The Guardian June 7, 2000


Reconciliation walks in Brisbane, Perth

Brisbane and Perth followed Sydney with massive walks in support of 
reconciliation last weekend.

In Brisbane at least 45,000 people and probably a lot more, took part in 
the walk over the William Jolly Bridge towards King George Square. There 
were so many people that both the gathering point and the activities at the 
end proved to have insufficient room for all to gather in one place. 

The theme of the march was overwhelmingly directed towards achieving an 
apology from John Howard on behalf of the Australian Government for the 
genocidal policies of previous Australian governments. 

The overwhelming direction of what is becoming a massive peoples movement 
is towards ending the non-recognition of the right of Aboriginal people to 
self-determination in the context of the Australian nation. The simple 
message "just say sorry" has come to have a content of massive significance 
to Australia as a nation and what constitutes a step forward for indigenous 
and non-indigenous Australians. 

The Lord Mayor of Brisbane, Jim Soorley, on behalf of the people of 
Brisbane apologised for the treatment of Aboriginal people and for the 
genocidal policies of the past. 

The overwhelming sentiment for progress on this issue overcame any other 
issues that may have divided the Aboriginal and non-Aboriginal communities. 
The absolutely relaxed nature of the huge gathering in which all showed a 
determination to show consideration for the rights of others and for each 
other was an inspirational event for all those who took part. 

There is a simple message to those conservative and racist politicians who 
are seeking to divide the Australian people along racial lines  the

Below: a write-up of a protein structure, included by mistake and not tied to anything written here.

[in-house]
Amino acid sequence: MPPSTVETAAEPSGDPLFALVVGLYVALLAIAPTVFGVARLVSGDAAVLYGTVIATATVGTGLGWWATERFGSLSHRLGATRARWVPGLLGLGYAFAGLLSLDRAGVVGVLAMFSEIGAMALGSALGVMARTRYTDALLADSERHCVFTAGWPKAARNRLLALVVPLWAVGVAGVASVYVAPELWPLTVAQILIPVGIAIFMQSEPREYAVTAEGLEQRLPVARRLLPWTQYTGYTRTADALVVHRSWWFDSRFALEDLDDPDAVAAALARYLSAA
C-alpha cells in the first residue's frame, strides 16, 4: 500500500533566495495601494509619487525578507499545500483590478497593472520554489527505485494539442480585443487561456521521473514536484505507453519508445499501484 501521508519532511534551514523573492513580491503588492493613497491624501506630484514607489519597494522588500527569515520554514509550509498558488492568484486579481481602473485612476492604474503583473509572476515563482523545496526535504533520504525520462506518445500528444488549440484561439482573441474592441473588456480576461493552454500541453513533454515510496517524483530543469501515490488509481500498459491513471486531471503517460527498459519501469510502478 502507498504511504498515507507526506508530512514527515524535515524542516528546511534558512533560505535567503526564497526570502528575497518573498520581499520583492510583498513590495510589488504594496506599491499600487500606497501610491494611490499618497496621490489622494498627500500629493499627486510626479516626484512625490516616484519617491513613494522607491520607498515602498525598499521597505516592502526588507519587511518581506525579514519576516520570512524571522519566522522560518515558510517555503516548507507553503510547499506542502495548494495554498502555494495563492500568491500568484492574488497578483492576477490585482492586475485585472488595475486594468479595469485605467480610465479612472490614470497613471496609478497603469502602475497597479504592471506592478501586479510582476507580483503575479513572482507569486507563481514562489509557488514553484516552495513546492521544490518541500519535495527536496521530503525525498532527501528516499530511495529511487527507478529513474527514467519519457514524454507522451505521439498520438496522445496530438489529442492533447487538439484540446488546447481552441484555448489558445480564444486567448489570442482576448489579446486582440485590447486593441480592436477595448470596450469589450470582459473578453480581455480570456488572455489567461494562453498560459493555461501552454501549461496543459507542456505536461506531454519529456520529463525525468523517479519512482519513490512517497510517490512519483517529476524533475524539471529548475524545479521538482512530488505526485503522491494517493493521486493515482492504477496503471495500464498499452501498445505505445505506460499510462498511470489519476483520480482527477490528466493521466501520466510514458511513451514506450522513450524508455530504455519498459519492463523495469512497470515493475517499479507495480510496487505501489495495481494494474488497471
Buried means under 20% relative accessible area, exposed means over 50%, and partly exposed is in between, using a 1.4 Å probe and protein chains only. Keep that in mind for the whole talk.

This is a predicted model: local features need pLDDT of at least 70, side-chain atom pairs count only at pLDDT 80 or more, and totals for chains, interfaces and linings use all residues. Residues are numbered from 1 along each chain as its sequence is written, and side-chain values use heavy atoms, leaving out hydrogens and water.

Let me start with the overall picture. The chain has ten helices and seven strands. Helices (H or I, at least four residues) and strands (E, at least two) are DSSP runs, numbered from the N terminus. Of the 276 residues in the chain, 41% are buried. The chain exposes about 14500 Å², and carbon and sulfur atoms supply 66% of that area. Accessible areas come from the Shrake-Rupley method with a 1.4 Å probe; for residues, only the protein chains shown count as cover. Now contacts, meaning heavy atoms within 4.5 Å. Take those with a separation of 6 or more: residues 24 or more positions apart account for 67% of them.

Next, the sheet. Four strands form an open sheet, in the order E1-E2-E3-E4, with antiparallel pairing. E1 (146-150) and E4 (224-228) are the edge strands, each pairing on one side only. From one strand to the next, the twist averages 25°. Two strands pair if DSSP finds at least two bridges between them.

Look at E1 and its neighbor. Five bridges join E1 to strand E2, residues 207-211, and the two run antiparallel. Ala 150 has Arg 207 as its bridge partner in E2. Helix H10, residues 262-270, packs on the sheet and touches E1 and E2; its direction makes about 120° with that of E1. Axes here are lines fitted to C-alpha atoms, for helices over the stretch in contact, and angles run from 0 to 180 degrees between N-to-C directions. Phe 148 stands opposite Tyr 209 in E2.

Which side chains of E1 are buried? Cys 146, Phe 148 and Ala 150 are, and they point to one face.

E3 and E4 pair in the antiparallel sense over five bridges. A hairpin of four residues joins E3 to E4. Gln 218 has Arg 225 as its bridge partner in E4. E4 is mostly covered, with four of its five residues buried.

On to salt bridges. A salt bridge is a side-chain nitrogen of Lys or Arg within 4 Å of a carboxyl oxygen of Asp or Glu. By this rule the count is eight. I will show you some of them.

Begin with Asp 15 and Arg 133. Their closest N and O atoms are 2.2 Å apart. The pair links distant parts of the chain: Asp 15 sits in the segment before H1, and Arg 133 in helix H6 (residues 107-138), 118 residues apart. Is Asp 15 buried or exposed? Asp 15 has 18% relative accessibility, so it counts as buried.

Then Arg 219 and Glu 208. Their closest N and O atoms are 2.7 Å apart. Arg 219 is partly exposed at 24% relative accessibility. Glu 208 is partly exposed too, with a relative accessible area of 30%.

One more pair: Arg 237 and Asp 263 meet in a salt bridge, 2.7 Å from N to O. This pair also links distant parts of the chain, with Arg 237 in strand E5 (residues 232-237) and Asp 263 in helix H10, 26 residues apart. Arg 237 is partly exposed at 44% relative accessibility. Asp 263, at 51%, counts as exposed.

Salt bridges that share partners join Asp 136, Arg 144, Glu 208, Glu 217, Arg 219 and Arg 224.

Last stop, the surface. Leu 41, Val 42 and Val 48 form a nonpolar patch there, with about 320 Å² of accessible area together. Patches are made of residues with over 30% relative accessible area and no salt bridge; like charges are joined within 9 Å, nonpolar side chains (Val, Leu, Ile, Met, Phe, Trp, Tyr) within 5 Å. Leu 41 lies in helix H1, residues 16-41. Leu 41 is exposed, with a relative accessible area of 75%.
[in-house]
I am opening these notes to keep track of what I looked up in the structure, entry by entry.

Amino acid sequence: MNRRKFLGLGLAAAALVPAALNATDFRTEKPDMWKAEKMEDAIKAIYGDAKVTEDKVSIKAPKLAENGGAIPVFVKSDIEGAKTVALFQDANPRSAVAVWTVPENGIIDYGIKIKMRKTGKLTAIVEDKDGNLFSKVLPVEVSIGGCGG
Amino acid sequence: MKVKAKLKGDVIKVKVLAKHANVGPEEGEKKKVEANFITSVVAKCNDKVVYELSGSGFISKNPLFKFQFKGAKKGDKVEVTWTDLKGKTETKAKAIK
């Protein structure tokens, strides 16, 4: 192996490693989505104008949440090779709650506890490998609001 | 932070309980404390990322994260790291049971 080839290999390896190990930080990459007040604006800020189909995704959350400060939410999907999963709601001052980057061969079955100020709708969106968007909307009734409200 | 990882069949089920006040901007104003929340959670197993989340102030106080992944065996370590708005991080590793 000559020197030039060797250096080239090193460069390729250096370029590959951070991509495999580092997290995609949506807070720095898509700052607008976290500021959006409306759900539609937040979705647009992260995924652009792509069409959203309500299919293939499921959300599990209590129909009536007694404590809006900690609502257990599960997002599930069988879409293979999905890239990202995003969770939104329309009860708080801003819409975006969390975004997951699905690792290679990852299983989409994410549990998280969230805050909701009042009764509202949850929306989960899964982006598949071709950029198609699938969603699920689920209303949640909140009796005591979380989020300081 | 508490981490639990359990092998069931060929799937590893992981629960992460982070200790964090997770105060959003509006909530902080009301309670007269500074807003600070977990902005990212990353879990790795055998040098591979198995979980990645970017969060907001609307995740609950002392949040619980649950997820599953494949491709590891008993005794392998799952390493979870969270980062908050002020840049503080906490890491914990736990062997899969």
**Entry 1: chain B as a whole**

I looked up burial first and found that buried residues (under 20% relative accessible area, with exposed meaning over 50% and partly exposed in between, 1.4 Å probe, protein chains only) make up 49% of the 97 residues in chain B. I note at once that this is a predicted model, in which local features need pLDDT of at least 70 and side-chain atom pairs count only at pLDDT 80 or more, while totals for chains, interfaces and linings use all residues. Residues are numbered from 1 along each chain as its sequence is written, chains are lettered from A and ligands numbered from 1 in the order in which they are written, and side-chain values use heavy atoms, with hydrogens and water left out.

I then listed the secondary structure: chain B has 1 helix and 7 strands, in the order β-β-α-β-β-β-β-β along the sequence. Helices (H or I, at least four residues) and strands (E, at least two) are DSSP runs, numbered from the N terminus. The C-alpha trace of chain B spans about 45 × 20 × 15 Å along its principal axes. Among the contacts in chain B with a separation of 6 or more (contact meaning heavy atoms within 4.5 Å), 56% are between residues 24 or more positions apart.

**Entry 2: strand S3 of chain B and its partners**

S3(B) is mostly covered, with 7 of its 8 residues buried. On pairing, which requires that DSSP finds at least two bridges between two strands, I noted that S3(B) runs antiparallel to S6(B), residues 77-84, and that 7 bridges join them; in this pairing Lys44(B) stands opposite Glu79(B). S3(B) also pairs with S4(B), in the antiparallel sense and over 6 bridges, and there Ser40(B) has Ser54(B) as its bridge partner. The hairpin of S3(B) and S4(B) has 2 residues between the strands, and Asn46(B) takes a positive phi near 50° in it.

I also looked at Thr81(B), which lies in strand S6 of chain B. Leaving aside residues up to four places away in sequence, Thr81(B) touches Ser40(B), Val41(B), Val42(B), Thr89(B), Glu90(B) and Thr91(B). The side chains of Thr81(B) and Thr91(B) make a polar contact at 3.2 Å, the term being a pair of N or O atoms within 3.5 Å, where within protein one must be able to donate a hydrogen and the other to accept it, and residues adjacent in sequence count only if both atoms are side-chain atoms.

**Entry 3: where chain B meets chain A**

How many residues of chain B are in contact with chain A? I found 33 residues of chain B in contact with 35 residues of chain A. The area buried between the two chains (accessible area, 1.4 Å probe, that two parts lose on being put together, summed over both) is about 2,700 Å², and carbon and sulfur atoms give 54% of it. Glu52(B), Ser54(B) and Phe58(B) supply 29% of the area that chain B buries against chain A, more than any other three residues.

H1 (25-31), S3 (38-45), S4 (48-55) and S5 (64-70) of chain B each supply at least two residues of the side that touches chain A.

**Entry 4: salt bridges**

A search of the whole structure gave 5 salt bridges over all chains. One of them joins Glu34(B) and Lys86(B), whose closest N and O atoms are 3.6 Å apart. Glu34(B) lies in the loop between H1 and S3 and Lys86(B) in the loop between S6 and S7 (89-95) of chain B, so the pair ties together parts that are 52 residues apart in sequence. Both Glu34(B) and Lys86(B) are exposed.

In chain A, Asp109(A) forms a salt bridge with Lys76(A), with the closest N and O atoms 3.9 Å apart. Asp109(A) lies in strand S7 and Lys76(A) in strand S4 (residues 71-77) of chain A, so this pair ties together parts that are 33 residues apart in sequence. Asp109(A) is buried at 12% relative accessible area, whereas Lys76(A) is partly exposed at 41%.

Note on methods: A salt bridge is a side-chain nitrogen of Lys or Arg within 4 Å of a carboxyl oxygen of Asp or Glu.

overwhelming sentiment of the people is against racial bigotry and for 
moving forward to a progressive future. There is a clear message to Howard 
in all of this.

The presence within the crowd of unionists proudly displaying their banners 
is a symbol of unity of those who Howard and his government have sought to 
marginalise through their policy of dividing groups against each other. 

Perth celebration

In Perth, an estimated 2,500 people celebrated Reconciliation Day in 
Forrest Place. The event was organised by the WA Reconciliation Advisory 
Group.

Distinguished Aboriginal leader Fred Collard said: "Here we are on the 
Nyungar people's land, which we enjoy at Aboriginal expense or 
dispossession. We call on the people to help heal these wounds.

Police Commissioner Barry Matthews reiterated the word "sorry" for police 
mistakes made in the past.

Premier Richard Court repeated State parliament's pledge to assist 
reconciliation but rejected the idea of a treaty as divisive.

Primary schools and secondary colleges from Geraldton in the north to 
Albany in the south, walked with forty striking banners in which churches 
were prominent.

An historical drama performed by Aboriginal dance group Panemar moved the 
audience deeply on the wrongs of the past and called for unity in 
reconciliation.

ATSIC strategies

Following the massive city demonstrations ATSIC met this week to decide its 
strategies to take forward the treaty debate.

ATSIC Chairman Geoff Clark said it had decided to endorse the campaign for 
negotiations of a treaty but "resolved that the treaty debate must be based 
upon close consultation with Aboriginal and Torres Strait Islander 
communities.

"The meeting was unanimous in the view that the practical needs of our 
communities must be addressed alongside the continuing campaign for true 
reconciliation," said Mr Clark.

"We must ensure our communities are totally involved. We have endorsed a 
range of short and long term strategies."

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